State Synchronization

IMG_8256” by o.did licensed under CC BY-SA 2.0

When handling data synchronization there are essentially three states that exist for most mobile applications: server state, session state, and screen state.

Server state

This is the state of data as it exists on the server. Most mobile apps will need to pull data from a remote database over the network and/or push local changes to the server. More than one application may push or pull to a single remote datastore, so it must handle multi-threading and conflict resolution. The server state is often considered the source of truth.

Session state

The session state is a local copy of data maintained client-side by the application. This can be stored either in-memory or in a local database and represents the current state on the client. Session state can become the source of truth when handling local mutations and/or offline mode.

Screen state

Screen state is the copy of data as it is currently displayed on the device to the user. The UI typically consists of some visual representation of the session state, but also may provide a vehicle for the user to initiate new changes (i.e. user input).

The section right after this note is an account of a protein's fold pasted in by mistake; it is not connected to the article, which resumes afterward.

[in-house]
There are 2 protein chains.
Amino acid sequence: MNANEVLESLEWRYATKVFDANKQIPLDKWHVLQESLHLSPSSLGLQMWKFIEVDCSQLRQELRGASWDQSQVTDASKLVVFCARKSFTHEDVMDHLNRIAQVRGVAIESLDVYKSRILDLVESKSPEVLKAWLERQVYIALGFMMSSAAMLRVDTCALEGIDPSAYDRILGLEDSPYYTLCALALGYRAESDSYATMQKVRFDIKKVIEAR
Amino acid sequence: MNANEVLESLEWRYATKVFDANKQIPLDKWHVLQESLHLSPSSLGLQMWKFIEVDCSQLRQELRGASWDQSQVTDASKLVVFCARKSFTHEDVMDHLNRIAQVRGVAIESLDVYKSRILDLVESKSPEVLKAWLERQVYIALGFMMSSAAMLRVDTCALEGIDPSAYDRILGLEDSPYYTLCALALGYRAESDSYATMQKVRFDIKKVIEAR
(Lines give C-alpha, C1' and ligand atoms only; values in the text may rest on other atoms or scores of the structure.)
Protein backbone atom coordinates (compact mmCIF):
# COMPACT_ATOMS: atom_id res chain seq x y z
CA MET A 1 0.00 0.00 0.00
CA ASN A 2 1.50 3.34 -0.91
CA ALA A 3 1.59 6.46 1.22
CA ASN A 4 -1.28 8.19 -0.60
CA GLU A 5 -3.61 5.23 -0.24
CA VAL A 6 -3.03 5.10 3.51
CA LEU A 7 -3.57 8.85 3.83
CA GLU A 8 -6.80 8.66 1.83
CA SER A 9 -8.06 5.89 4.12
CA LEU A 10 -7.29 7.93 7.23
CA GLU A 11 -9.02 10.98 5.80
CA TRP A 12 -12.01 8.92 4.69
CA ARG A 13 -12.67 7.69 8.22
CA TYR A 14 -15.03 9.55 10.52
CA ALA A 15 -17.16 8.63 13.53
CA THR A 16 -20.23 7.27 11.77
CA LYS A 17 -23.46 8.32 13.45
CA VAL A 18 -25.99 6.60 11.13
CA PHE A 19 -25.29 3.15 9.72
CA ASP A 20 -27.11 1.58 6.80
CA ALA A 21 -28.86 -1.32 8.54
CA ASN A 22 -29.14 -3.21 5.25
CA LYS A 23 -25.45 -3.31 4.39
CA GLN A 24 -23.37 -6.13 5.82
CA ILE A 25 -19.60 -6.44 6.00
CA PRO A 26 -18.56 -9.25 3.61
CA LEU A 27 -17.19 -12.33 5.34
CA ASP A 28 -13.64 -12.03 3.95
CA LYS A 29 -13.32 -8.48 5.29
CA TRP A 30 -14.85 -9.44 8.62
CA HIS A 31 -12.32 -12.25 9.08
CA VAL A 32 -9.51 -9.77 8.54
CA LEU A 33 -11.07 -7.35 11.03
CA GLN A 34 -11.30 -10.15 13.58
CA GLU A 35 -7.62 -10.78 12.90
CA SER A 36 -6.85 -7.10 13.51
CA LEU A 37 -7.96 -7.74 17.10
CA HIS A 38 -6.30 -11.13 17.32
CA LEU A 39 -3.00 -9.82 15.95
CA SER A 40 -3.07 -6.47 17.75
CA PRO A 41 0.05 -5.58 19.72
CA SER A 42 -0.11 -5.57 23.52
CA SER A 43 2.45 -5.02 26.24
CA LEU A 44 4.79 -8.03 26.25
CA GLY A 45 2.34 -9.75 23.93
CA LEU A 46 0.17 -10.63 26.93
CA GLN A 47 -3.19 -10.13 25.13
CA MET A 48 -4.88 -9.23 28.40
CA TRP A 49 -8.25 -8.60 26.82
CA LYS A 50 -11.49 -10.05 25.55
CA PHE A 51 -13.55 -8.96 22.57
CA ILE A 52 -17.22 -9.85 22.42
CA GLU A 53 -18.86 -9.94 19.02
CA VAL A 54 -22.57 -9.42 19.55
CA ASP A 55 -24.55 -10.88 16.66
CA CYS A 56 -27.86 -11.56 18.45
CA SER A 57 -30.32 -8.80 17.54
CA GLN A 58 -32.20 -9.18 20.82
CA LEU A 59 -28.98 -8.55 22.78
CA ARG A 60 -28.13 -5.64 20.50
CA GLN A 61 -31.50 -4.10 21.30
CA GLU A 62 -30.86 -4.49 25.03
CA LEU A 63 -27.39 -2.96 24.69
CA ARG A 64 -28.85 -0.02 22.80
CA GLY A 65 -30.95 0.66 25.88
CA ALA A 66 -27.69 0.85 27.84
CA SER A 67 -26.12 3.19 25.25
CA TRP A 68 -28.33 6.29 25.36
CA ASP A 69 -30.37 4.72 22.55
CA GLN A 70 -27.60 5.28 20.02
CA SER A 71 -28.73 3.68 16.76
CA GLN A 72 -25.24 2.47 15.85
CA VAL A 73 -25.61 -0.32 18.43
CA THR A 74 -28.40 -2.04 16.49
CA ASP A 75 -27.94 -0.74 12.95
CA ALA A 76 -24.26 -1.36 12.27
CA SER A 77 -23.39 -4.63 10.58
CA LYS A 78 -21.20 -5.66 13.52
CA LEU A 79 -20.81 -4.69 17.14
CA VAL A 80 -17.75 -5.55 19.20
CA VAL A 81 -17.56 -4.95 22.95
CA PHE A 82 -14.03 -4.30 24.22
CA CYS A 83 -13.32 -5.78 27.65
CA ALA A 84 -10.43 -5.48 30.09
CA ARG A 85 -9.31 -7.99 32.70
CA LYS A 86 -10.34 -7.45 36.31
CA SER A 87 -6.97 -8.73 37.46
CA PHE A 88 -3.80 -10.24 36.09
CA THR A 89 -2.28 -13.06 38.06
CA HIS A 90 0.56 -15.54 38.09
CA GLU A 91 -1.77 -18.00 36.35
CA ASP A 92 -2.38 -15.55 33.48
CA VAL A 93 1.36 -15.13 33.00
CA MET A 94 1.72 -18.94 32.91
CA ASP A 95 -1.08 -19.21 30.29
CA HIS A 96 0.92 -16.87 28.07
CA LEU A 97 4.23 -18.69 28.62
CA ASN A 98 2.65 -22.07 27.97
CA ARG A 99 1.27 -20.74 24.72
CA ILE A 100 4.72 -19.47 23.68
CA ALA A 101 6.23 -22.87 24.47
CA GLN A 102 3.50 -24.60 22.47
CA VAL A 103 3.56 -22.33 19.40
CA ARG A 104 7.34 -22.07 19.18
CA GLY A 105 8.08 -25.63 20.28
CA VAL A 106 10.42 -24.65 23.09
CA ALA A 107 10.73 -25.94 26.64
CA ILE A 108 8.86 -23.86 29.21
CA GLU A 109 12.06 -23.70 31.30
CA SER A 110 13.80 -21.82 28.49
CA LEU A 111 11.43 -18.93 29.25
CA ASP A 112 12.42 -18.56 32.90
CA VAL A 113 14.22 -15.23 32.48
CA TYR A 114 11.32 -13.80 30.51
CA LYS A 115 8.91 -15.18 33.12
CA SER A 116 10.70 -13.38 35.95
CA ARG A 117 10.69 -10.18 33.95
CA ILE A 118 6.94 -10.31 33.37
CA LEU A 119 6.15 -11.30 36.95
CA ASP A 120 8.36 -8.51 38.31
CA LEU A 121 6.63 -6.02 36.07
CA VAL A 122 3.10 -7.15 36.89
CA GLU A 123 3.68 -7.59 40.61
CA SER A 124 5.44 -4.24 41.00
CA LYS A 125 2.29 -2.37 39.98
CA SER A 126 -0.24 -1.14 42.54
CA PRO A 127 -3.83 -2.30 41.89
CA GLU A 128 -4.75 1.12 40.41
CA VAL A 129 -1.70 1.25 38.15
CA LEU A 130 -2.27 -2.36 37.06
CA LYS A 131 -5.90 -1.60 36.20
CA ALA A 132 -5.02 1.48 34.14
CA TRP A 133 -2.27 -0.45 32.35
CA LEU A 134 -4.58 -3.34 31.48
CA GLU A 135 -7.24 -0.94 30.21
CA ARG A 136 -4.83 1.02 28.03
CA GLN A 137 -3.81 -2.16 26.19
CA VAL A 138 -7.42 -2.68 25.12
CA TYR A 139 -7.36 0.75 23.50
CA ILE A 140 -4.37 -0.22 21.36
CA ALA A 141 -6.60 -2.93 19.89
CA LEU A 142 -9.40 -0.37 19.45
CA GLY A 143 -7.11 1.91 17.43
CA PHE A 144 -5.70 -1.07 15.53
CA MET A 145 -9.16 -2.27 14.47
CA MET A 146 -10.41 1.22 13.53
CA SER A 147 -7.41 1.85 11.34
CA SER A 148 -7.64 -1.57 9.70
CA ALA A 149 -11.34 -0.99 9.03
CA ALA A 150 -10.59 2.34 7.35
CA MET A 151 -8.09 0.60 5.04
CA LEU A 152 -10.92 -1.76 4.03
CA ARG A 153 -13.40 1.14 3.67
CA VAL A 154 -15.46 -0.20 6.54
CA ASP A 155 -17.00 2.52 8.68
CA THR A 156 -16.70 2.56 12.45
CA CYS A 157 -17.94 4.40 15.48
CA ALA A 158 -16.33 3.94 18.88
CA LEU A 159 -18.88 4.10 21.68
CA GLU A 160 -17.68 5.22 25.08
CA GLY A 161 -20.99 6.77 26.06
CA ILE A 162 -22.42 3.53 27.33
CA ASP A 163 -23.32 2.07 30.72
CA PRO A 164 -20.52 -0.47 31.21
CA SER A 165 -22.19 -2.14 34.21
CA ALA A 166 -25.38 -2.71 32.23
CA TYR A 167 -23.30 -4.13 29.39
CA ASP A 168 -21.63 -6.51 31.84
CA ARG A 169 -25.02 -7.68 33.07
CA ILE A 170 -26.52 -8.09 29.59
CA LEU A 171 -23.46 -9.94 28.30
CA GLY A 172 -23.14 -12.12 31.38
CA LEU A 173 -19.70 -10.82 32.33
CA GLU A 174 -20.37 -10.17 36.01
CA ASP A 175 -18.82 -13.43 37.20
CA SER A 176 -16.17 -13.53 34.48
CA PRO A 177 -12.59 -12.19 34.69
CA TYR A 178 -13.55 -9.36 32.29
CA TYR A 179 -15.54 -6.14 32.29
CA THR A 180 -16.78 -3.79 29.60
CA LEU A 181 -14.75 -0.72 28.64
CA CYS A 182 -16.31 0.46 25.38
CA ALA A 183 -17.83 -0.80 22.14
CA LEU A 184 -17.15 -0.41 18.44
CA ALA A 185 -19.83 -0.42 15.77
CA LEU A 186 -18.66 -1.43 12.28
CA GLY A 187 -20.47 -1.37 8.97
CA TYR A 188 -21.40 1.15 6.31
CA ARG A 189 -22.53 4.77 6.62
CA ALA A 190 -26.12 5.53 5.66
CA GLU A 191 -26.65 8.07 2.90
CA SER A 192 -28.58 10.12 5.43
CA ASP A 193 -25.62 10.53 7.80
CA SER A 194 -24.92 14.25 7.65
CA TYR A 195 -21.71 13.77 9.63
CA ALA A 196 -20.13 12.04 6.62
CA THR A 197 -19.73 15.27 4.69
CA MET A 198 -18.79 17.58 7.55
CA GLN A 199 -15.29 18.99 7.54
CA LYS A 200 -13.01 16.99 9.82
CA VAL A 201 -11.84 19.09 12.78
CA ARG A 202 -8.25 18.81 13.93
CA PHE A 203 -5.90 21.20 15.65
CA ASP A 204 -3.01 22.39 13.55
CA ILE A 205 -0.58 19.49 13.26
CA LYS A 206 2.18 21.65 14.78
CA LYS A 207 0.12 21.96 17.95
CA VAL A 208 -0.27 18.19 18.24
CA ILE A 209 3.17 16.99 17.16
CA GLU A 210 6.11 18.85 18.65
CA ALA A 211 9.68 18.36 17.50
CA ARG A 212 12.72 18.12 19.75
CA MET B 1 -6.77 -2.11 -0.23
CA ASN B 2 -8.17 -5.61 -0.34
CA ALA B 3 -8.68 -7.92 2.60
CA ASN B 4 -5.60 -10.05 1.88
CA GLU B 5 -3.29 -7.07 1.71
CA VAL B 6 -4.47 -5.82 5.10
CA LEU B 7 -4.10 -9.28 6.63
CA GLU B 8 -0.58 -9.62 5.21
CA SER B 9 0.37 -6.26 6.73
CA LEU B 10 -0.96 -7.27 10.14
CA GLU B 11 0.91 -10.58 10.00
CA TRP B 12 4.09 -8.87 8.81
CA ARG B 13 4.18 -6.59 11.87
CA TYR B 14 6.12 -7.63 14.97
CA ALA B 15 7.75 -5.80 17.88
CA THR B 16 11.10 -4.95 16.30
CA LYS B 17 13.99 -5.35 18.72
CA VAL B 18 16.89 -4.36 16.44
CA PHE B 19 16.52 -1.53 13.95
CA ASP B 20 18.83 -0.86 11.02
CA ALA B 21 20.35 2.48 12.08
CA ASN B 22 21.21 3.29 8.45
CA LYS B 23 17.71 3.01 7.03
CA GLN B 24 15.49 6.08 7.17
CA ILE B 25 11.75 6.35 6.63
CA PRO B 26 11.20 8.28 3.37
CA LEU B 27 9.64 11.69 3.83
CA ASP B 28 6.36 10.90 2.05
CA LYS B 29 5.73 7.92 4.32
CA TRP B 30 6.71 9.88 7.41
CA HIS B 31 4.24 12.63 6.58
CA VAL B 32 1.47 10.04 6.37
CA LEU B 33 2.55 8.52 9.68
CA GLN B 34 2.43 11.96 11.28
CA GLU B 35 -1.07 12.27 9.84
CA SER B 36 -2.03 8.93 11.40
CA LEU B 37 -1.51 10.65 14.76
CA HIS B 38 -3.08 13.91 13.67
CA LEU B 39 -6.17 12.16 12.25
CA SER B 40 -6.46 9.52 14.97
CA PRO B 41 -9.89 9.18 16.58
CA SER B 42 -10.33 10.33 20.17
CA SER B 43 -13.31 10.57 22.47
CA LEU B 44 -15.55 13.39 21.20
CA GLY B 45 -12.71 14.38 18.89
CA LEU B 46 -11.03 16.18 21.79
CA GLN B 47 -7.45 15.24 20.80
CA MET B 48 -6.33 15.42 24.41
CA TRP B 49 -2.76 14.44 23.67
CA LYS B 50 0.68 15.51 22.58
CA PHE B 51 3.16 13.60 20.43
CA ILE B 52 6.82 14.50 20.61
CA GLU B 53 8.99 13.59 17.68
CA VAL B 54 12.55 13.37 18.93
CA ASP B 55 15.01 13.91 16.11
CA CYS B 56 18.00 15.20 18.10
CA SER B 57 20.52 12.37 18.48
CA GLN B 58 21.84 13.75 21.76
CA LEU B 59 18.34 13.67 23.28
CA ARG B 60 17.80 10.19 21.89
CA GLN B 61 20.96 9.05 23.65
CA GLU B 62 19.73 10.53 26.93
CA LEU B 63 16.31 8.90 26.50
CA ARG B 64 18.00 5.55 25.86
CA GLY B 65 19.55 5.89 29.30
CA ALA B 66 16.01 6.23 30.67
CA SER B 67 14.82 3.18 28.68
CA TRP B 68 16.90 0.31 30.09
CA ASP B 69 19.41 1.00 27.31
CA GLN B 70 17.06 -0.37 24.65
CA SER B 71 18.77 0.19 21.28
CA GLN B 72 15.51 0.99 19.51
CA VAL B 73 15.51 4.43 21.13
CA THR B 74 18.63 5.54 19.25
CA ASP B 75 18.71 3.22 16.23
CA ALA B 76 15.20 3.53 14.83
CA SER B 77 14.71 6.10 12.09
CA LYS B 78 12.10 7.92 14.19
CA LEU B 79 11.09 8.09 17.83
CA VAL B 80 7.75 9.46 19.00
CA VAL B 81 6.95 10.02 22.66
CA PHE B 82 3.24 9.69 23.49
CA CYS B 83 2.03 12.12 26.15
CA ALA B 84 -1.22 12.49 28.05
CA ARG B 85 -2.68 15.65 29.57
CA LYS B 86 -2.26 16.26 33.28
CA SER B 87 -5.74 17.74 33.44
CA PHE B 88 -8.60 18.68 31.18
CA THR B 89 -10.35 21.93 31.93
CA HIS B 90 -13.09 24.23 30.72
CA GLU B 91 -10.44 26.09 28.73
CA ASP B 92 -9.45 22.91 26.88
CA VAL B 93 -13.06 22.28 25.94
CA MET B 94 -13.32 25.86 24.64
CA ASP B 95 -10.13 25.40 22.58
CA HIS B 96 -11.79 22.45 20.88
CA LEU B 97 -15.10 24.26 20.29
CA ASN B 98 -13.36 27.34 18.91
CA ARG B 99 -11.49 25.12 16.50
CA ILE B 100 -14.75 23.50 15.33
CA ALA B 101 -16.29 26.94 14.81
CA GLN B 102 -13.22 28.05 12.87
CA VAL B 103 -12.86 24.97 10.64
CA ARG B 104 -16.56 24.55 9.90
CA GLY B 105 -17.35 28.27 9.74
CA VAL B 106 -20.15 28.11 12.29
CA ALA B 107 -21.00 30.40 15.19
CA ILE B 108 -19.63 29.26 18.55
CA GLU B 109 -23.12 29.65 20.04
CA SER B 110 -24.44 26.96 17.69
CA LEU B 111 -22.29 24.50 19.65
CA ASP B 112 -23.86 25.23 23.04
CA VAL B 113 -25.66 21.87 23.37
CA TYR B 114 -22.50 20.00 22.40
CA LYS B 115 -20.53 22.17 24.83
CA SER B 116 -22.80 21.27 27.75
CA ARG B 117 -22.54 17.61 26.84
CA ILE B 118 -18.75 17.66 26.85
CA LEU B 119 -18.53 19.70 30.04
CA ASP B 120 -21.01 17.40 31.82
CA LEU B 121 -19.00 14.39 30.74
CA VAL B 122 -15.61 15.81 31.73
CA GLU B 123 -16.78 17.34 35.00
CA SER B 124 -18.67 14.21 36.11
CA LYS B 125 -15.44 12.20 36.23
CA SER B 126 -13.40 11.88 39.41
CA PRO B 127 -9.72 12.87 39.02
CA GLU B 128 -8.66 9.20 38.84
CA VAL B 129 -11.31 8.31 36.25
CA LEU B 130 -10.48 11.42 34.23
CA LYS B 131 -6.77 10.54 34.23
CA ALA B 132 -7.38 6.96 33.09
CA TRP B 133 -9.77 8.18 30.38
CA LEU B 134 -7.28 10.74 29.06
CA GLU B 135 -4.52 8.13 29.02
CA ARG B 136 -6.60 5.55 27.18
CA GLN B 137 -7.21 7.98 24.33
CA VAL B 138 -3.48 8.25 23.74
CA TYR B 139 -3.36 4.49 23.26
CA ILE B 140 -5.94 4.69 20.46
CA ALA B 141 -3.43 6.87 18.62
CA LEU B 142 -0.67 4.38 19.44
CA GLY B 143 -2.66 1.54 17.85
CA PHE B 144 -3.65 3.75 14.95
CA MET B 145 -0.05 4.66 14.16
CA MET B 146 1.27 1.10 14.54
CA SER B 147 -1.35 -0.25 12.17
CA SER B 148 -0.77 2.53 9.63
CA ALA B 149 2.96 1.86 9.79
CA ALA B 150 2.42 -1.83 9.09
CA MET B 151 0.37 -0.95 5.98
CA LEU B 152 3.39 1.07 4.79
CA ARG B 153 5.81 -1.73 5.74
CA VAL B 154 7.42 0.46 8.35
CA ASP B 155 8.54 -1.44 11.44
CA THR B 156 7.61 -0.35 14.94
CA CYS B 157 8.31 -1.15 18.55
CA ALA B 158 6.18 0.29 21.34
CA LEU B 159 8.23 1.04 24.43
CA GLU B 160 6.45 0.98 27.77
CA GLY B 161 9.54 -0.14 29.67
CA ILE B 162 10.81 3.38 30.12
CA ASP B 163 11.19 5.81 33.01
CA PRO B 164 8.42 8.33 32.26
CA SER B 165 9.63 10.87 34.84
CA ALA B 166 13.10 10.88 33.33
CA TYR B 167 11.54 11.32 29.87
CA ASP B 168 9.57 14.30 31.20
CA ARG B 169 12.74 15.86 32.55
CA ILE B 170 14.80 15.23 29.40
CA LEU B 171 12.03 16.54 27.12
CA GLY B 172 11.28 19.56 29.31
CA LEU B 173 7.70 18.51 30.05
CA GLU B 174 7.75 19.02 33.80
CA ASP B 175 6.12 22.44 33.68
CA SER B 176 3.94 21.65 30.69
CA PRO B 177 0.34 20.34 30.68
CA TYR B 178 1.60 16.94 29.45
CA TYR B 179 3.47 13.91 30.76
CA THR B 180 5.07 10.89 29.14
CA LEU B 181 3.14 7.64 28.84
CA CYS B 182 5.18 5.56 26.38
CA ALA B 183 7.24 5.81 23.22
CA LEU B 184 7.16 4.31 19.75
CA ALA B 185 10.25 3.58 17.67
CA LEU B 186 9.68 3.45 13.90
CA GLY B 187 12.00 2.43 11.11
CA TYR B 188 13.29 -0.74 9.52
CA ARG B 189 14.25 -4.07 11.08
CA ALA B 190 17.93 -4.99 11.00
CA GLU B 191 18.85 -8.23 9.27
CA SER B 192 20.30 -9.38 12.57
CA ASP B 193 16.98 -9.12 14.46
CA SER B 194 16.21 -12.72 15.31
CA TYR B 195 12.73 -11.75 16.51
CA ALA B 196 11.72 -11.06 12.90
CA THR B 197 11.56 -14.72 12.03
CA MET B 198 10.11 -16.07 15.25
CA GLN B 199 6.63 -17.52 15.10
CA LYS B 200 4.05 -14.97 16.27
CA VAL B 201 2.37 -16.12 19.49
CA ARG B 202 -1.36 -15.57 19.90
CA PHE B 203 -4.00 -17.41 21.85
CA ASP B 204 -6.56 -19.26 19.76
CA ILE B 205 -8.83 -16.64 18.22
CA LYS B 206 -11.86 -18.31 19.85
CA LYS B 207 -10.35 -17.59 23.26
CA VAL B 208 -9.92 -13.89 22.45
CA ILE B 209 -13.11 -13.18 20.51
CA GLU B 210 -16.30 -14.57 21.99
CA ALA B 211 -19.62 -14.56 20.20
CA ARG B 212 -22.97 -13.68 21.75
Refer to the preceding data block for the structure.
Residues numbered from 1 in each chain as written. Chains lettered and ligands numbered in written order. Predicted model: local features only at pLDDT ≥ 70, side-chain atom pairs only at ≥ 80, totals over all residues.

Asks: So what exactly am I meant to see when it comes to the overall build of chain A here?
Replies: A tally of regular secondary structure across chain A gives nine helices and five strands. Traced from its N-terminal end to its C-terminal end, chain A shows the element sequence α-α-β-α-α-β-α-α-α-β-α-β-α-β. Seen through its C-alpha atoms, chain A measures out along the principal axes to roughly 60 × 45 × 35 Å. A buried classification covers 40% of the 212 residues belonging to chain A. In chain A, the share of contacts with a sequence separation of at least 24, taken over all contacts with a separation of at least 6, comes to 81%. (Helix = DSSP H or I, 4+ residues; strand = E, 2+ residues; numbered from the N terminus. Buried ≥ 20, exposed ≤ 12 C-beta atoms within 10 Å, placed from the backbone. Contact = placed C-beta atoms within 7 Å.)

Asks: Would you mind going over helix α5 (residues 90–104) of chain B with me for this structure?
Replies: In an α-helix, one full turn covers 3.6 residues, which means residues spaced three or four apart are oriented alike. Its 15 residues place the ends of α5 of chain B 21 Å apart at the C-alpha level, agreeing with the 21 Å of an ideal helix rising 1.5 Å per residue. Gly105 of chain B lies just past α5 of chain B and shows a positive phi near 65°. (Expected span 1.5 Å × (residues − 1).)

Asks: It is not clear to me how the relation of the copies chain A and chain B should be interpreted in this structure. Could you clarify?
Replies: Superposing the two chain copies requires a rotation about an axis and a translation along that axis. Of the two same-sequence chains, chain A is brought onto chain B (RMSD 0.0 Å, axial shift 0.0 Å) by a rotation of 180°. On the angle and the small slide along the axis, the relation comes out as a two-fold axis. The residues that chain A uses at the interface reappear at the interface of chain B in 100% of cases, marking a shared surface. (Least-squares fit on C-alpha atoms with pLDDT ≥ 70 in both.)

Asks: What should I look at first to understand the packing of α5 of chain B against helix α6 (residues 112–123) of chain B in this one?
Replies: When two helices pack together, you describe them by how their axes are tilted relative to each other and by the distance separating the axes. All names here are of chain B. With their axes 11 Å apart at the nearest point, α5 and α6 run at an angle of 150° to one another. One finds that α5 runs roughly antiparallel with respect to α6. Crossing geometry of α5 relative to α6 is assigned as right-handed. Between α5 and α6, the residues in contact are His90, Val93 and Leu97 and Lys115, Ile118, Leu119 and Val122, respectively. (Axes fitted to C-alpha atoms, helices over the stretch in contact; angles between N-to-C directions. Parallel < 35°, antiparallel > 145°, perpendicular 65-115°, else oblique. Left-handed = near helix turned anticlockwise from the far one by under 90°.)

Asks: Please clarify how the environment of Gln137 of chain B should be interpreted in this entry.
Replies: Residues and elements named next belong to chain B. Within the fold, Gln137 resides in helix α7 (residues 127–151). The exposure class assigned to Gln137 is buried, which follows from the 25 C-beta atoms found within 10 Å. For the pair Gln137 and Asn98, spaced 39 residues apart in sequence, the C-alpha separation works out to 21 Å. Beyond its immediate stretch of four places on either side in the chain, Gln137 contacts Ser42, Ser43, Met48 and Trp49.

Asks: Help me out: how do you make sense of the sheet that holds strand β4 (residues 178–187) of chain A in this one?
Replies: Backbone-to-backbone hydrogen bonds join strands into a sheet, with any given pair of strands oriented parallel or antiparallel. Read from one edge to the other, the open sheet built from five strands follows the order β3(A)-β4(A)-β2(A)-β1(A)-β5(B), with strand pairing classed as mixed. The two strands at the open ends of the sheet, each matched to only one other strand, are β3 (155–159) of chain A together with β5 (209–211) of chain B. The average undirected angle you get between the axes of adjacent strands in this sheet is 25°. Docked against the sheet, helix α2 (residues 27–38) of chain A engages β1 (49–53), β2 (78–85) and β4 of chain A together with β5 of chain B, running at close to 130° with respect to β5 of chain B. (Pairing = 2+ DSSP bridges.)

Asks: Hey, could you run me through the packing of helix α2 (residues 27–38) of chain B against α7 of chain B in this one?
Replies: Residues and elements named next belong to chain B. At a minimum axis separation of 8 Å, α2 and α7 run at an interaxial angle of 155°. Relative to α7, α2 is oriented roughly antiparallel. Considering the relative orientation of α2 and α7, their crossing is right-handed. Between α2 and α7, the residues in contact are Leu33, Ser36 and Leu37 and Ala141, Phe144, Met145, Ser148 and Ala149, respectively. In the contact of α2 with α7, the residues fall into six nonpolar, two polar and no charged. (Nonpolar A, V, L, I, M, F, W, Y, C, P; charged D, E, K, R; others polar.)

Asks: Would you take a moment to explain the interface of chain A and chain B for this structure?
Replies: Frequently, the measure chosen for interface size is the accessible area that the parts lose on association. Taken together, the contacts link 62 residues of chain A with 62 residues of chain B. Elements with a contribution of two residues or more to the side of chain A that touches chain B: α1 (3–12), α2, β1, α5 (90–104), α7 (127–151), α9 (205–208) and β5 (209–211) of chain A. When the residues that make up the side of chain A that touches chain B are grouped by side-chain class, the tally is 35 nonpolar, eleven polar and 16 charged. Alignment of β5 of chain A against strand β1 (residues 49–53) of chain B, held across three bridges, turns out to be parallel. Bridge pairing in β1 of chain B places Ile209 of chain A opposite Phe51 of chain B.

Synchronization

Synchronization between server state and session state can be achieved via asynchronous data fetch (or post), push notifications, or a persistent connection like web sockets. One of the primary concerns here is client-side caching. Hint: This is the other hard thing in computer science.

Synchronization between session state and screen state can be achieved via data binding, observables, or user initiated refresh. It’s also important to communicate this type of synchronization to the user (progress bar, pull-to-refresh, timestamp, etc.)

One of the primary tasks of any clean architecture is effectively managing state synchronization. The most effective strategy will vary based on the individual application.

In the upcoming posts, we’ll take a closer look at the various data sync strategies and how they can be applied to MVP and MVVM on Android.

This post is part of a series on clean architecture that explores how classic software design principles can be applied to modern Android development.

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